Nanomedicine, Volume I: Basic Capabilities

© 1999 Robert A. Freitas Jr. All Rights Reserved.

Robert A. Freitas Jr., Nanomedicine, Volume I: Basic Capabilities, Landes Bioscience, Georgetown, TX, 1999


4.2.5 Chemical Nanosensor Theoretical Limits

Berg and Purcell337 estimated that an ideal concentration sensor, limited only by diffusion constraints and drawing through a spherical boundary surface of radius rs, provides a minimum detectable concentration differential Dc / c of

{Eqn. 4.6}

where Dt = time (sec), D is diffusion coefficient ~10-9 m2/sec for small molecules (Table 3.3), and c = concentration (molecules/m3). Using a sample chamber with rs = 10 nm, a concentration of c = 3 x 10-3 nm-3 for serum glucose could be measured with 1% uncertainty in Dt ~ 260 microsec, or with 0.01% uncertainty in 2.6 sec. A dedicated micron-scale nanodevice using a 10-sec sampling time could at best distinguish a 0.0005% concentration differential for small common molecules like serum glucose but only a 27% concentration differential for large rare serum molecules like somatotropin.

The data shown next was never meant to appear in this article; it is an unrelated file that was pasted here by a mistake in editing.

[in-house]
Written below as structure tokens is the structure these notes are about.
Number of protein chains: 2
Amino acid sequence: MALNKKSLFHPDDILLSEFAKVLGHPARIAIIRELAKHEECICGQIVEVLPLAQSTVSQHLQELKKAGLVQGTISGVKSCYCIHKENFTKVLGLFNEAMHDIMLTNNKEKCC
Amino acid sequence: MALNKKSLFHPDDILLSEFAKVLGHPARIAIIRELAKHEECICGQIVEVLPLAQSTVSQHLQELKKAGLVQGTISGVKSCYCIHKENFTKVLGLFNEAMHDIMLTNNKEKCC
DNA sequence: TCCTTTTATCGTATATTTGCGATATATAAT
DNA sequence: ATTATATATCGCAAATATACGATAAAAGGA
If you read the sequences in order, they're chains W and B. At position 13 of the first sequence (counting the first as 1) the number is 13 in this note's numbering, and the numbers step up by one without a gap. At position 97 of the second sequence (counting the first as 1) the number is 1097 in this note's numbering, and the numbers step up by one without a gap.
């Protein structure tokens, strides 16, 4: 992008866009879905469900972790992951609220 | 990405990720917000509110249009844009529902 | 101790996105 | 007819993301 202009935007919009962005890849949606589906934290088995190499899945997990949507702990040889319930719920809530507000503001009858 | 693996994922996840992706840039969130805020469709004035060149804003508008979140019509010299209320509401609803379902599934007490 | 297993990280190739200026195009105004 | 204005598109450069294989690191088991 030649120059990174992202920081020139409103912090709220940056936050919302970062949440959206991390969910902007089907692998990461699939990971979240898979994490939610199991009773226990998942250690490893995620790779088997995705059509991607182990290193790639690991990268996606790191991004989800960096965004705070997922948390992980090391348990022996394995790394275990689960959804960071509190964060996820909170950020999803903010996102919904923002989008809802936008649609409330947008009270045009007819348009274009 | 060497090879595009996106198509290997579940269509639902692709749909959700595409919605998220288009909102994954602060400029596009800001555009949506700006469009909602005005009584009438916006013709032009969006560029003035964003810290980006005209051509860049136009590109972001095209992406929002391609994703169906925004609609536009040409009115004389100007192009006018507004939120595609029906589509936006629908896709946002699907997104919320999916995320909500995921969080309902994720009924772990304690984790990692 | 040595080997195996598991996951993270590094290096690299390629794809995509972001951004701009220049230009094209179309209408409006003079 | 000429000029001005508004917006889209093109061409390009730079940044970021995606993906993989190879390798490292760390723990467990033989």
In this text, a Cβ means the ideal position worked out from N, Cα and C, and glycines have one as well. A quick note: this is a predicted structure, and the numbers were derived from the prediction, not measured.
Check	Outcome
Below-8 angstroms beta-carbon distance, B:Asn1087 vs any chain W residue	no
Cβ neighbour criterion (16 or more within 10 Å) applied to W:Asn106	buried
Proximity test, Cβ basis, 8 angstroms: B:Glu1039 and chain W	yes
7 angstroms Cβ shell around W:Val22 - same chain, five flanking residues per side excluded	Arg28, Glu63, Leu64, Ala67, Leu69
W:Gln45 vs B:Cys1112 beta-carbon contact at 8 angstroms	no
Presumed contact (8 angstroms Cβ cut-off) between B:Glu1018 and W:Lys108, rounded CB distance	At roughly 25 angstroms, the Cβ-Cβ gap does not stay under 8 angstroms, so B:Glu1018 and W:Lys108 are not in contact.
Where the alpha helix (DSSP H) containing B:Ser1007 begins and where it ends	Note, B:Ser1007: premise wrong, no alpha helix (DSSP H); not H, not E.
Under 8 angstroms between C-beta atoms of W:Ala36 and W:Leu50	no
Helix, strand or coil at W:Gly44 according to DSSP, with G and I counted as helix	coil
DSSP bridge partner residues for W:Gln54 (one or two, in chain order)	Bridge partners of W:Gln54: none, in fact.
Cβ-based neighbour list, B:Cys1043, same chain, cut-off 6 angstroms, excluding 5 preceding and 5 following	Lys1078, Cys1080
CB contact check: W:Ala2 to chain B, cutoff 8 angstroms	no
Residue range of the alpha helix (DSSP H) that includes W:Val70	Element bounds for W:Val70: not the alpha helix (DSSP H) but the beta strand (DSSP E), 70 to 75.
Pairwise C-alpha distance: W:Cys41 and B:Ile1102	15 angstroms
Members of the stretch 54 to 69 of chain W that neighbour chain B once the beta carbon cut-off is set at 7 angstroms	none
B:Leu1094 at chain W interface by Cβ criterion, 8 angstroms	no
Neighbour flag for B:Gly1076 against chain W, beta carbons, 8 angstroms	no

Berg and Purcell337 also found that the capture of small molecules at nanorobot surfaces can be surprisingly efficient. Specifically, for a spherical nanodevice of radius R, across whose surface are uniformly distributed Nr receptor spots of radius rr, the maximum diffusion current absorbed by the receptor array, Jarray, is

{Eqn. 4.7}

where J = maximum diffusive intake current, given by Eqn. 3.4. For rr = 1 nm and R = 1 micron, the Jarray is fully 50% of J using only Nr = 3100 surface receptors, which occupy a mere 0.1% of the total device surface area.

For a purely sensory spherical nanodevice, a uniform distribution of a relatively small number of chemoreceptors confers optimal sensitivity. However, in applications where sensors (which attract and then release) are in competition with pumps (which strongly attract and then remove) for the same target molecules at the nanodevice surface, greater sensing efficiency may be achieved by clustering the sensors, as in a "nose" organ.437

Proteins may be modified as they age within biological cells. For instance, under steady state conditions, ~10% of protein molecules may exhibit carbonyl (oxidation) modifications,2138 glycosylation (non-enzymatic), and dysfunctional proteins may be ubiquitinized (Chapter 13) and phosphorylated under enzyme control. Heat shock also modifies proteins. Chemosensor receptors must be carefully designed to accommodate changes in target ligand structures or sites that are likely to be subject to such alterations.


Last updated on 17 February 2003